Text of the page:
DA :As of now, there is no concrete action taken by the agencies so far. Though there is an AYUSH ministry, several Universities and other private and non-government organizations working collectively to uplift the local health tradition system but the current approach is insufficient to preserve, document, validate and value addition to it. There has to be a systematic protocol in the place but sadly, it lacks.
MC: You have extensively traveled and chronicle India’s tribal areas over the years. Which are the most important challenges that tribes people face when it comes to not just preserving their generational knowledge but ensuring that it crosses over into the mainstream?
DA: Tribal herbal healers, deficient a printed lingo, rely on oral traditions to transmit their olden times and gathered knowledge from one generation to the next. Unfortunately, in Gujarat and other remote tribal pockets in India, young generation of these tribal groups is merely interested in knowing the secrets of medicinal plants. They are now influenced by the modern world and think that they can earn more money by doing labor work for others.
Indeed, it is true that herbal healers are not paid enough for the creative and curative services they do for the society. They are deprived of recognition and credit. The new generation does not know the potential of knowledge of their elderly. Healers too are also not much interested in sharing their knowledge with the new generation. They want to transfer this knowledge to safe hands so that it is safeguarded and used for the welfare of the society.
It is, in fact, a need of the hour to establish a Traditional Medicine Centers in the tribal dominated areas as to monitor and promote the collection of herbs from the healers through the research agencies/ companies or other institutions. In an attempt to safeguard traditional medicine knowledge, it is necessary that inventories of plants with therapeutic value are carried out, and the knowledge related to their use is documented in systematic studies. These studies can have other values for society besides conserving traditional knowledge, such as, to identify plants with market potential that can help generate incomes for local communities.
As a backward integration, tribal people should be encouraged to cultivate of medicinal plants. For instance, a company comes up with an indigenous knowledge based product; they would require raw herbal material in large quantity. For this, tribal groups or Mandali can be formed and encouraged for the cultivation of such needed material. This will provide them with an open market of herbs and also this ex situ conservation of medicinal plant will support forest and medicinal herb conservational activities.
Intellectual Property Rights (IPRs) of the grassroots knowledge holders should be respected and rewarded. It is indeed necessary to provide them a sense of security.
We must consider seriously the importance of medicinal plants in the developing countries. In many cases, these countries simply cannot afford to spend millions of dollars on imported medicines, which they could produce or extract from their tropical forest plants. Indigenous medicines are relatively inexpensive; they are locally available and are usually readily accepted by the people. The ideal situation would be the establishment of local pharmaceutical firms that would create jobs, reduce unemployment, reduce import expenditures, generate foreign exchange, encourage documentation of traditional ethno medicinal lore, and be based on the conservation and sustainable use of the tropical forests.
MC: One of the most heard complaints/observations about traditional medicine is that the lack of testing and empirical data. Do you think that is a valid point and if so what can be done to give it the kind of scientific underpinnings that can help it emerge as a truly universal alternative way?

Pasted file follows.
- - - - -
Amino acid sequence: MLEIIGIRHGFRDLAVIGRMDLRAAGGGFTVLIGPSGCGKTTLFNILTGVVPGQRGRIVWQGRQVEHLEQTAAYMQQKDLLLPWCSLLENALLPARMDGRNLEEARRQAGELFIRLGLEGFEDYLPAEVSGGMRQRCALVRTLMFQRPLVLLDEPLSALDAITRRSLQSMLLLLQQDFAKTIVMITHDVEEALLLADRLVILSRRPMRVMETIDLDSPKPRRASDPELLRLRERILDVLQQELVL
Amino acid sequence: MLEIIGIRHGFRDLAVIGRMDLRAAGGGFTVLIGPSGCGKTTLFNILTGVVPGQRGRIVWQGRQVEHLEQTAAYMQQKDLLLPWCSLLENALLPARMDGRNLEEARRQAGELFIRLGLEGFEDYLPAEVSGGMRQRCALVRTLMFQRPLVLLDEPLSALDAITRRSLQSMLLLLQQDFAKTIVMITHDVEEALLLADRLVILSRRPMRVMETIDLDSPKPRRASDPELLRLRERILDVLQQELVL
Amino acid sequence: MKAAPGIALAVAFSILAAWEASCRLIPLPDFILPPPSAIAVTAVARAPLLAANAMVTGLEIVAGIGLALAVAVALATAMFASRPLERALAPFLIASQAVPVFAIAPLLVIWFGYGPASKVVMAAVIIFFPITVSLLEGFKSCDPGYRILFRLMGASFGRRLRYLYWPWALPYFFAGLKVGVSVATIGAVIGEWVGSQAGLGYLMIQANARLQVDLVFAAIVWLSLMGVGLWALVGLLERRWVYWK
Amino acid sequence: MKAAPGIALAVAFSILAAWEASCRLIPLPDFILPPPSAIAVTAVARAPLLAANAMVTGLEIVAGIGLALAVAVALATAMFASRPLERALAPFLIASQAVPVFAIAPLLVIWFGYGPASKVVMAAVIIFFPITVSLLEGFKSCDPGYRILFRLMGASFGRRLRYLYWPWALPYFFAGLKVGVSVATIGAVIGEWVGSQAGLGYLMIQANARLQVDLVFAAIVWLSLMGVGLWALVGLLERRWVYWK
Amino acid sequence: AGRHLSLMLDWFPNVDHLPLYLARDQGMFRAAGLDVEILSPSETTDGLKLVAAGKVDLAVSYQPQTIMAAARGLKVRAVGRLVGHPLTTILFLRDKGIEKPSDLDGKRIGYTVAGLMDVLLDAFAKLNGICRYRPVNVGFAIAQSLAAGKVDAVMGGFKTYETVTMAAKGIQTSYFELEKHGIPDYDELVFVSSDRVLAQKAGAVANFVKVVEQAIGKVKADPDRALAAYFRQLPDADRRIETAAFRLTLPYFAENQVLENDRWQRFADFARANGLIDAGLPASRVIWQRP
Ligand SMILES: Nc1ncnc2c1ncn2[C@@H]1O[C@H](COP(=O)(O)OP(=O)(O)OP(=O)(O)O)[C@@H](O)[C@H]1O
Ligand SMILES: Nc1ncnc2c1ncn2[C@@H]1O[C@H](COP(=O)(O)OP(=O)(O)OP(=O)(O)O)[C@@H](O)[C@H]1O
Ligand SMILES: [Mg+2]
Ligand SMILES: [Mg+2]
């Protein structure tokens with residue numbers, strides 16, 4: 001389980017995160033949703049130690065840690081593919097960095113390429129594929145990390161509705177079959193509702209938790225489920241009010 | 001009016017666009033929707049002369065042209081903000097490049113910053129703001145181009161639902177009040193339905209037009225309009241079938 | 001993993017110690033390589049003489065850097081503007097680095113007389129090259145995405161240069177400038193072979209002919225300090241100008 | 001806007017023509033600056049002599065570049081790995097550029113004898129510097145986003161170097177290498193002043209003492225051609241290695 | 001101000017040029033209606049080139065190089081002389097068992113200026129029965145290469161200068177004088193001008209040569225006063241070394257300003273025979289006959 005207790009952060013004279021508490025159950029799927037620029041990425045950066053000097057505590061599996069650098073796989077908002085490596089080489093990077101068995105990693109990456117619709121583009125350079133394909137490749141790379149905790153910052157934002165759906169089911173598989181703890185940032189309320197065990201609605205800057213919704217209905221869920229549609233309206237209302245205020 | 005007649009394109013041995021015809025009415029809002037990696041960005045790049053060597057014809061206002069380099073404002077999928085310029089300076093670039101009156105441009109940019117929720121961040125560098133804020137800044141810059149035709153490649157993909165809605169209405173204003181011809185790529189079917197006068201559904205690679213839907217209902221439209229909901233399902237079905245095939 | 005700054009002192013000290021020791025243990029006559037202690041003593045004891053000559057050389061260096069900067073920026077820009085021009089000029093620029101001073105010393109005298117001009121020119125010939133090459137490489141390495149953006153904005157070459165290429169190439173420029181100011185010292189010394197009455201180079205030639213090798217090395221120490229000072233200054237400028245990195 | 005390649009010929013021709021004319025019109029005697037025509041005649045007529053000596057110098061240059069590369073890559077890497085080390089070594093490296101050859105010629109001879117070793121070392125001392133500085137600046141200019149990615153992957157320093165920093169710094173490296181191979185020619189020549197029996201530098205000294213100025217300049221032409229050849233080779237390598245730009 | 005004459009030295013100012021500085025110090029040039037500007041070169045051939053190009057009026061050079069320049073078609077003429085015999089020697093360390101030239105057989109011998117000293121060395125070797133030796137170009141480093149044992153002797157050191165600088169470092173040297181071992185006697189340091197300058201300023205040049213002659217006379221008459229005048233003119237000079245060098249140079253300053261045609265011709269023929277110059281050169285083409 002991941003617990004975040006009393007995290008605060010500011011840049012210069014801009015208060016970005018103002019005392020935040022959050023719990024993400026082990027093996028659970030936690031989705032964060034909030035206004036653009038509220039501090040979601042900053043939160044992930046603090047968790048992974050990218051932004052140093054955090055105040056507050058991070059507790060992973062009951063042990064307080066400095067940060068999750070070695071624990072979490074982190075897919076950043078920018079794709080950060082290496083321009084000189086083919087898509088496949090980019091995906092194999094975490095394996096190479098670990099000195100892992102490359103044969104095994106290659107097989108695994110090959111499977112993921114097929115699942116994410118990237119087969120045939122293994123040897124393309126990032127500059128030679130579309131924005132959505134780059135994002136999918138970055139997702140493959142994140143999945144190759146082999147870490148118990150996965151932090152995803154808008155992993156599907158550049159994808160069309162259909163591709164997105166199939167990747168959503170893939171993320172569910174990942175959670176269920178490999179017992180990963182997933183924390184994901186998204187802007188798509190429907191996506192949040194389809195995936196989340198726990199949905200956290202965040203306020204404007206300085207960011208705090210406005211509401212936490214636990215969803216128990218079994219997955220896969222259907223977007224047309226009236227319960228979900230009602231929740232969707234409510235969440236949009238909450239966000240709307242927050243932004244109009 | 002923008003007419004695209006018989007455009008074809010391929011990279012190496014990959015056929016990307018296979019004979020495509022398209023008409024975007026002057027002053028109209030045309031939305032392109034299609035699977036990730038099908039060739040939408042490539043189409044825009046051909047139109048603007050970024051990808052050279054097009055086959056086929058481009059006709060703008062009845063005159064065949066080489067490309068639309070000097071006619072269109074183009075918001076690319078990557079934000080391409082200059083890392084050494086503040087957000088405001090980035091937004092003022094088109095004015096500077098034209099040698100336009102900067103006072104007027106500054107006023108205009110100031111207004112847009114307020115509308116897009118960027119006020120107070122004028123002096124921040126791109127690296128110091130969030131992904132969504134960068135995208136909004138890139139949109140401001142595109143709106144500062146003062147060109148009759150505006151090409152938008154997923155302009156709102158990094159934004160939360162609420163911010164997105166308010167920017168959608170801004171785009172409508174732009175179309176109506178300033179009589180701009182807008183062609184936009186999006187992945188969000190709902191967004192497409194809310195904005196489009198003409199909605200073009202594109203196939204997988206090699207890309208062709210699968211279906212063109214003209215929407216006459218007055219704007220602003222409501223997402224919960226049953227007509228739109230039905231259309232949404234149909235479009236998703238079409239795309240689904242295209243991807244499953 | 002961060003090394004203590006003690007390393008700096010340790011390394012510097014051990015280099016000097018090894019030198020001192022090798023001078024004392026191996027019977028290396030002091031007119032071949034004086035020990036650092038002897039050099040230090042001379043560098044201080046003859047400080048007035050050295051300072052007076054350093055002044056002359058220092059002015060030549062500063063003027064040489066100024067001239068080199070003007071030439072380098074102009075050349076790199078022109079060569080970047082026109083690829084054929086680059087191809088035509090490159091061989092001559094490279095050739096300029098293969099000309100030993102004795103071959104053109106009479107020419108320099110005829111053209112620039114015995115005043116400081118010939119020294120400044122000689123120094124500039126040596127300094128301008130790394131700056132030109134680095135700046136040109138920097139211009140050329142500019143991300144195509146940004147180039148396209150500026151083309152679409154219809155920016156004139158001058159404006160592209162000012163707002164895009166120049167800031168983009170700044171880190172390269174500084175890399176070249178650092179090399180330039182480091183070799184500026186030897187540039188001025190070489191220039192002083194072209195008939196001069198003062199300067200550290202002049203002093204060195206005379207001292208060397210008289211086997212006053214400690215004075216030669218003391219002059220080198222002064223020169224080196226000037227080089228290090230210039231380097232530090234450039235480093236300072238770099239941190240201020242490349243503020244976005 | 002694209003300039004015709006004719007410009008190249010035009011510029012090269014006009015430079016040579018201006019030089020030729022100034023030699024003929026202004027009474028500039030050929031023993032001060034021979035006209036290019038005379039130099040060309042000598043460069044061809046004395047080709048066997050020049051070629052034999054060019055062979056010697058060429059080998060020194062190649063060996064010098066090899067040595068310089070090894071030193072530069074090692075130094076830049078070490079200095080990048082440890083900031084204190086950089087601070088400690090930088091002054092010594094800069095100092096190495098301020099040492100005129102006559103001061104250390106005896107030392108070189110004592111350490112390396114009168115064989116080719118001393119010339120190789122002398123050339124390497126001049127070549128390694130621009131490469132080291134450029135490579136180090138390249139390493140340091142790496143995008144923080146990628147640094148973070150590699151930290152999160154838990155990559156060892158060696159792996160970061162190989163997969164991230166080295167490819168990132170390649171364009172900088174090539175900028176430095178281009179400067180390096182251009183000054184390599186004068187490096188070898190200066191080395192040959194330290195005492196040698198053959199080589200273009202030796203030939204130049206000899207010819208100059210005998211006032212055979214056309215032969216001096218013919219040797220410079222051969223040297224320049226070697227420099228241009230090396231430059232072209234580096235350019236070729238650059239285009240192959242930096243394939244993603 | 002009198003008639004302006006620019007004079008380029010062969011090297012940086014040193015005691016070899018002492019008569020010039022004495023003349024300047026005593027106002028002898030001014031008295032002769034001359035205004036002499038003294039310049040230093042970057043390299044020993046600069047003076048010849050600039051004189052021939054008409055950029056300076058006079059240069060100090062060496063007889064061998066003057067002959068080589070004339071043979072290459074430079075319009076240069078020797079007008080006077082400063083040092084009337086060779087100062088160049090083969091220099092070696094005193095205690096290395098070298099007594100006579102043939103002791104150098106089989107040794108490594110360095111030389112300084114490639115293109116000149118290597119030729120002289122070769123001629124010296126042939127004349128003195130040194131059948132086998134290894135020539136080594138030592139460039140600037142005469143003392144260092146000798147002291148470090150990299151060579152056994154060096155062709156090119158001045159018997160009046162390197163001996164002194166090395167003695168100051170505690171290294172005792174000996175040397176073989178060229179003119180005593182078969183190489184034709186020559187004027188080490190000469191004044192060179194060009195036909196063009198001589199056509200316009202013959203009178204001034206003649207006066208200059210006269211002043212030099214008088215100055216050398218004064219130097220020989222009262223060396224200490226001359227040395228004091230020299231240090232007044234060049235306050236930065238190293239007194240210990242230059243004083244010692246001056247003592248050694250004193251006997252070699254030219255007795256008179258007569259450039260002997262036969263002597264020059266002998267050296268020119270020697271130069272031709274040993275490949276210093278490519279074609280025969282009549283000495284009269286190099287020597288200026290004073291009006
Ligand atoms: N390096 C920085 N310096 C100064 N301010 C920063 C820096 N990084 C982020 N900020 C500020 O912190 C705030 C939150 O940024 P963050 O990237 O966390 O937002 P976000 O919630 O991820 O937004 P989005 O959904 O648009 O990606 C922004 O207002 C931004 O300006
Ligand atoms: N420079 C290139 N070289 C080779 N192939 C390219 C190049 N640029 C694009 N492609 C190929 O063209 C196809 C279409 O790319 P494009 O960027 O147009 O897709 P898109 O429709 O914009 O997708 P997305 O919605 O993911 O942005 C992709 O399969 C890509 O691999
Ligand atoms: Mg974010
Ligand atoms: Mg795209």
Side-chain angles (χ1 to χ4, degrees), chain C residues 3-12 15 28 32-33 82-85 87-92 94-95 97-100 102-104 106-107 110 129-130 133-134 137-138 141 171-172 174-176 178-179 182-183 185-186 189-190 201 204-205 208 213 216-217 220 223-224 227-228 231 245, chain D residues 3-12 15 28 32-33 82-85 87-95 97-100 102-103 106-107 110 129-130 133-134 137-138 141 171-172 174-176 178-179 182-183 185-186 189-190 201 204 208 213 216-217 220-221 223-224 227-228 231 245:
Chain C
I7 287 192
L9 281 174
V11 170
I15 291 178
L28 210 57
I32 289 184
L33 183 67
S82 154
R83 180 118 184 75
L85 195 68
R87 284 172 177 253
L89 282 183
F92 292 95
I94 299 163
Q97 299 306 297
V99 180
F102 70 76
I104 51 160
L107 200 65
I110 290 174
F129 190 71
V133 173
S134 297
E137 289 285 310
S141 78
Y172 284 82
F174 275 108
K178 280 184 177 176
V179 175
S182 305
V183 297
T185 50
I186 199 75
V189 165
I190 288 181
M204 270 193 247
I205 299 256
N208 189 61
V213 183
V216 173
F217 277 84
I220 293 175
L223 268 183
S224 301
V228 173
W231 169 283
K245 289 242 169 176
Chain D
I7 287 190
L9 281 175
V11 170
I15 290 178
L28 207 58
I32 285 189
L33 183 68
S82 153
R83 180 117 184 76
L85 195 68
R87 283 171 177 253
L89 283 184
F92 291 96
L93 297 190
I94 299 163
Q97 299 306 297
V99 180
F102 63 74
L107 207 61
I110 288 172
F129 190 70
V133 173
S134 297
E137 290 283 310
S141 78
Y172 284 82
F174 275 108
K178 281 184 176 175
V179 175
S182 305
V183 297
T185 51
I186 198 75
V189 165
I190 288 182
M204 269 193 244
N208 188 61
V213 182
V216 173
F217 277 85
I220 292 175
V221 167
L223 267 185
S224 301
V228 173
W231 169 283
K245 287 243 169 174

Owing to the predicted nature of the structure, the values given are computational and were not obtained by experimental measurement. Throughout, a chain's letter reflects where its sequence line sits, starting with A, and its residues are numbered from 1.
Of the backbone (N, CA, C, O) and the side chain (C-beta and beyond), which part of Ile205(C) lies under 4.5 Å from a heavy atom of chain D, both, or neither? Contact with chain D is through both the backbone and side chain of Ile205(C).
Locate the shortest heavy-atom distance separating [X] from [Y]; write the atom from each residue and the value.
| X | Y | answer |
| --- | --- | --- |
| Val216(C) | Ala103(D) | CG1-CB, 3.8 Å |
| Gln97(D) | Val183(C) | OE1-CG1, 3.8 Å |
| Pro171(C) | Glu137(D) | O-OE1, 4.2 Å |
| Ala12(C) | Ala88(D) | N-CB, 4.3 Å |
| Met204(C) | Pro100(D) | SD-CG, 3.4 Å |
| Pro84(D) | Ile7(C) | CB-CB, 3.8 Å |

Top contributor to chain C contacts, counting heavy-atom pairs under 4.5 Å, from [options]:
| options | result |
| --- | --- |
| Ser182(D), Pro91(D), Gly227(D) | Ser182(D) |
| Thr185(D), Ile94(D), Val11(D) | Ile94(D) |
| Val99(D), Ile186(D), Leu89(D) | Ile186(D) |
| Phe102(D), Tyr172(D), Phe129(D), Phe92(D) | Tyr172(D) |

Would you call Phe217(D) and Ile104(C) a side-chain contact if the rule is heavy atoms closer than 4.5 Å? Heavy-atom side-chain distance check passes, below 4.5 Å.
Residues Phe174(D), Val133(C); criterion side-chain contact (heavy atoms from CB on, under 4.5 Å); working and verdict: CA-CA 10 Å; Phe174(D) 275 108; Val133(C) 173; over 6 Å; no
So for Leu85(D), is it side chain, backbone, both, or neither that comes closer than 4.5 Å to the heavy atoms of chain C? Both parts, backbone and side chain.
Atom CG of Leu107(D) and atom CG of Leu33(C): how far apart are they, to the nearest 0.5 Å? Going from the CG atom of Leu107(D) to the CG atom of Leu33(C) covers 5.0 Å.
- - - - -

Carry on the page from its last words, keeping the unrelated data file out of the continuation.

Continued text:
DA: To authenticate, validate and make scientific sense, there has to be a scientific background to disseminate the knowledge about herbs and their role. It is quite wrongly claimed that herbs have no side effects or counter action. Many herbs are toxic in nature; there has been a confined dosage of intake of the herbs, without any knowledge of scientific study i.e. toxicity, these herbs should not be included in any formulations.
MC: You are known to offer many remedies for everyday health problems based on your work. Is there a way for you to institutionalize it and make it into a consolidated enterprise?
DA: There is a greater need to set up enterprises like Abhumka Herbal (cofounded by me) that is deeply engrossed in scouting and documentation of age old tried-tested- trusted knowledge. We are translating this knowledge into finished products using tools of modern science. Also, to involve more and more people in this mission, we have created a common platform called “Swadeshi Gyan Abhiyan” (Campaign for Indigenous Knowledge). This campaign not only ensures a regular income to the volunteers known as “Swadesh Sainiks” but also creates a pool of indigenous healthcare innovation and knowledge.
MC: How do you think tribal people view the way India has changed over the decades, especially in the last quarter century of economic reform and the way it has impacted them?
DA: If you talk about urban-connected tribal region, there has been a big change seen in tribal life, obviously due to the influence of urban life. A major impact can be seen among the young generations. They seem to be more aware and advanced today. They carry mobile handsets, they have sports bikes, branded clothes and they play DVDs and DJ’s in their marriages. Somewhere in the midst of this so-called modernization, they have lost touch with their own age-old traditions, rituals and also they are not interested in learning traditional herbal knowledge.
MC: Do you think an important reason why despite poor public health infrastructure if a vast population of underprivileged Indians have managed to address their health issues is because of the traditional knowledge base?
DA: Yes, cent per cent agree.
MC: Do you as an advocate of traditional medicine encounter serious skepticism and even cynicism from ordinary people as well as the medical establishment? How do you get around that to make it available more widely?
There has been a great deal of suspicion, secrecy and hostilities existing between traditional healers and modern doctors. To achieve these objectives and those of health for all by the year 2016 and thereafter, open heart dialogue between the two disciplines of medicines is a must. For neither allopathic nor traditional medicine alone can adequately meet the health needs of our nation. We need to strengthen training and research on traditional medicine, and start with the most readily feasible herbal remedies. We should boost our national economies by joining forces in preventive, community, and productive health care for our people.
MC: How long has it taken for you to create 30,000 formulations?
DA: Almost 18 years
MC: What percentage of your formulations can be scaled up commercially?
DA: Just imagine, we have a pool of 30000 practices and so far, we could develop only 18 formulations commercially. There is a huge opportunity to scale up the remaining formulations.